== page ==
Yukon Delta National Wildlife Refuge


Millions of birds from six continents find their way to Alaska’s Yukon Delta National Wildlife Refuge every spring. They come to this vast coastal plain to raise families on these 40,625 square miles (105,250 km2) of lakes, ponds, and streams—one of the wildest, largest, most isolated wildlife reserves in the world.

It is an extraordinary sight, the air literally filled with flying, calling birds—waterfowl, shorebirds, and passerines—all in handsome breeding plumage for courtship, mating, and family duties in the safety of this ecosystem teeming with fish and insectivorous food for nestlings. All this must be accomplished during the short arctic summer between June ice-breakup and early fall, August or September at the latest.

Golden plovers, bar-tailed godwits, and rare bristle-thighed curlews arrive after non-stop flights of 2,000 miles (3,225 km) or more over open ocean from islands throughout the South Pacific, some from Australia. Whimbrels, black-bellied plovers, surfbirds, black turnstones, dunlins, and rock, least, and western sandpipers travel along the Pacific Coast; solitary, pectoral, and semipalmated sandpipers take inland routes from as far south as Cape Horn or Tierra del Fuego.

Eighty percent of the world’s emperor geese are here, and most of the tundra swans of both Pacific and Atlantic flyways. Arctic terns fly up to 22,000 miles (35,400 km) round-trip—longest migratory journey of any creature.

No other area of similar size may be so critically important to survival of so many kinds of water-oriented birds.

Small birds find their own places—redpolls, snow buntings, Lapland longspurs, savannah, tree, and fox sparrows, gray-cheeked thrushes with Asian visitors such as arctic warblers, northern wheatears, and yellow wagtails. Fierce raptors include golden eagles, rough-legged hawks, and gyrfalcons. There are long-tailed and parasitic jaegers, Pacific and red-throated loons—altogether 145 breeding bird species.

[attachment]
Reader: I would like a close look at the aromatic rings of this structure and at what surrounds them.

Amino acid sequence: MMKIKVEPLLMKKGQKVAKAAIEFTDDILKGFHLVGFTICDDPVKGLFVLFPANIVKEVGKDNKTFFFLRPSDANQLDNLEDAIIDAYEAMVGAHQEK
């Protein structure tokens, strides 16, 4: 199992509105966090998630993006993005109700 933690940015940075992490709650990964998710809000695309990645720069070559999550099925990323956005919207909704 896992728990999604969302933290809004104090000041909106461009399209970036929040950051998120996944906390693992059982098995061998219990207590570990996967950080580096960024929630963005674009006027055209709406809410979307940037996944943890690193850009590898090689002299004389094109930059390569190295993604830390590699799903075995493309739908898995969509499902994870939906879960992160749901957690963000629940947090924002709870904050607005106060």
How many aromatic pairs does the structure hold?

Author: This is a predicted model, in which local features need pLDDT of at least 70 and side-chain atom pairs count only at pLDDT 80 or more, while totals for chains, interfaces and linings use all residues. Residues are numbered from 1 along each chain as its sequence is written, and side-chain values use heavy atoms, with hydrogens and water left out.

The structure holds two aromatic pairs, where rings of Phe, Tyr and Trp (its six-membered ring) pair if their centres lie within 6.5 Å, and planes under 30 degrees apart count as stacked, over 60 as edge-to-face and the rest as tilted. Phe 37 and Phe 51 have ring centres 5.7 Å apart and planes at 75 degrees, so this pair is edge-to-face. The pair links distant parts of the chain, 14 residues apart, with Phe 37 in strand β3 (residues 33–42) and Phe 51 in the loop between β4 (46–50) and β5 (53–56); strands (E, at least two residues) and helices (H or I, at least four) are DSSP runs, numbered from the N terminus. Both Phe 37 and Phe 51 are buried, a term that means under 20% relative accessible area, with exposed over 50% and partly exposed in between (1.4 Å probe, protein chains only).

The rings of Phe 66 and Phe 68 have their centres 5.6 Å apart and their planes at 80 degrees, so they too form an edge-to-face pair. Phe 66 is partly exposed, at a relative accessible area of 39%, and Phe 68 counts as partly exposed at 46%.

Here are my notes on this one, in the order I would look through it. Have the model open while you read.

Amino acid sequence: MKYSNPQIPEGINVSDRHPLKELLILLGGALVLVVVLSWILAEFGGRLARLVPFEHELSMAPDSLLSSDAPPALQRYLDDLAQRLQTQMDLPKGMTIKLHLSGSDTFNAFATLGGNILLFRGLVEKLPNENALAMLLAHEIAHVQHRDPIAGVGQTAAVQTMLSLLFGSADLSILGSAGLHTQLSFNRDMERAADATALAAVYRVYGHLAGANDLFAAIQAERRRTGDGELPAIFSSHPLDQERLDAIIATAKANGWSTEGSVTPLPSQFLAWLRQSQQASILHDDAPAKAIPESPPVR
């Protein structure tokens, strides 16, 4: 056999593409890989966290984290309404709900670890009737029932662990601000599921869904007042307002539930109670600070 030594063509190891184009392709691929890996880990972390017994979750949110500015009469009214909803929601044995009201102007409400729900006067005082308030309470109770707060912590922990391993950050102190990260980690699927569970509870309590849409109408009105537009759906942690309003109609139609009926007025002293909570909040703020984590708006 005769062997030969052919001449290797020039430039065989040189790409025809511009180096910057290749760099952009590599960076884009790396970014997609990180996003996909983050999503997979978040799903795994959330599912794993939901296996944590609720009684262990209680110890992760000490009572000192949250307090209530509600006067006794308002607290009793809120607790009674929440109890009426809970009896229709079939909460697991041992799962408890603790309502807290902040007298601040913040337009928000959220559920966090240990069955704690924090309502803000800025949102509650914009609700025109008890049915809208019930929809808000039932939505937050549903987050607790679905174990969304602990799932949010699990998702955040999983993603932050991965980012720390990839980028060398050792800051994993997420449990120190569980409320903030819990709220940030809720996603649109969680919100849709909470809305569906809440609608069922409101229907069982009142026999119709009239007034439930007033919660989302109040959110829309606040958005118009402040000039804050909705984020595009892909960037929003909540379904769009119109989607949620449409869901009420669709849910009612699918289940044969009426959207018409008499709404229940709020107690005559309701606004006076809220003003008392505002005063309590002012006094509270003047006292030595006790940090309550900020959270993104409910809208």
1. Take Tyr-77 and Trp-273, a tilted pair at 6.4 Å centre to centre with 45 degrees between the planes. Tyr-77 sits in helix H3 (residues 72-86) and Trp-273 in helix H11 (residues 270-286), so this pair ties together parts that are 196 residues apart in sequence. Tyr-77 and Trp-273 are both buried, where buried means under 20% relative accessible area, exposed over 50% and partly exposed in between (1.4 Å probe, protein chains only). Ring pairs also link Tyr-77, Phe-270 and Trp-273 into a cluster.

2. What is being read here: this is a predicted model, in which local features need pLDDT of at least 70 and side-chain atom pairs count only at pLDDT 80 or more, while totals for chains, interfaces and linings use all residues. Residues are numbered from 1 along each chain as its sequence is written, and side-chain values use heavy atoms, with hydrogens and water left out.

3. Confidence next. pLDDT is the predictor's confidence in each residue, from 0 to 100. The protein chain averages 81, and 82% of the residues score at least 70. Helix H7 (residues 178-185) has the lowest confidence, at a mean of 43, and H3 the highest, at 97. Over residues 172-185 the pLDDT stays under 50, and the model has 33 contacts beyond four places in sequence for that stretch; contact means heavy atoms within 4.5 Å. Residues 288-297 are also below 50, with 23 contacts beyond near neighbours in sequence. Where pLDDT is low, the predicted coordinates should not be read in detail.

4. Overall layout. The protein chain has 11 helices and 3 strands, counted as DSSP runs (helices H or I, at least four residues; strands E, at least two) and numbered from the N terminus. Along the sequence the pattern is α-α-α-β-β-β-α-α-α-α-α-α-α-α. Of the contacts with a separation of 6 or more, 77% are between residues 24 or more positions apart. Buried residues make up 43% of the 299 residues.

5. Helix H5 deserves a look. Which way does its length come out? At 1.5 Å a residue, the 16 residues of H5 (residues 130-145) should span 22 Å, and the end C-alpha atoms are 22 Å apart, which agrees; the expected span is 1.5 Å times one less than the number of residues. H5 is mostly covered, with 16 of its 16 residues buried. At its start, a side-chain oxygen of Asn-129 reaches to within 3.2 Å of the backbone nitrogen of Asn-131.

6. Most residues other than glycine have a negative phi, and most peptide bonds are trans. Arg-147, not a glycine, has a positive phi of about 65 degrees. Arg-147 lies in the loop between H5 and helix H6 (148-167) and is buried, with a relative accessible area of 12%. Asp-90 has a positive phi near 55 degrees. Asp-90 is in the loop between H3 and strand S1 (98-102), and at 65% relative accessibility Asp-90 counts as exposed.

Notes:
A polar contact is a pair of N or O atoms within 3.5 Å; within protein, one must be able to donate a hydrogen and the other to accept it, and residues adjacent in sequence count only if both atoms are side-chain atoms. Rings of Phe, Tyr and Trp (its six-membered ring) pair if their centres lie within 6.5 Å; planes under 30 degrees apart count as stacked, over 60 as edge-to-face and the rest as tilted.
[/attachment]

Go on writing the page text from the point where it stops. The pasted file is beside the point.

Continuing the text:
Huge numbers of fish as well—from fingerlings to enormous Dolly Vardens, grayling, burbot, whitefish, northern pike—inhabit every body of water. Millions of salmon swim up the Yukon and Kuskokwim rivers to spawn—chinook (king), coho, sockeye, chum, and pink—and beluga whales and occasional walruses come up rivers in early spring.

Mountains on the east side of the refuge rise to 2,000 feet (615 m). Almost all Alaska’s land mammals are there—black and brown bears, moose, caribou, red and arctic foxes, timber and arctic wolves, wolverines, otters, mink, muskrat, tundra hares.

But birds own this refuge, its fragile habitat uniquely suited to their needs.

Visits are not easy to arrange. Trips should be planned well in advance and checked with refuge headquarters in Bethel, reachable by commercial air from Anchorage. Bethel has lodging and it’s possible to charter flights over the refuge, arrange to be put down for a week’s camping and picked up later—restricted tent camping sometimes permitted—or ride with a scheduled mail plane to an Inuit village where guides may be available.

Best time is June but weather can be rainy, overcast, and windy, anytime. Warm clothing is always prudent; hip boots useful almost everyplace.

 Gray foxes are only member of the canid or dog family that can climb trees. Strong hooked claws and short powerful legs enable them to scramble up trees and leap agilely from limb to limb, catching squirrels, raiding birds’ nests, dining on ripe fruit—they are omnivorous—sometimes dropping on small animal prey from above, if necessary pursuing them at speeds up to 28 miles an hour (45 kph). They range over broadleaf woodlands and rocky or brushy areas from southern Canada to northern South America. Cubs are born in underground dens or rock crevices, sometimes in trees, and are able to hunt on their own at four months.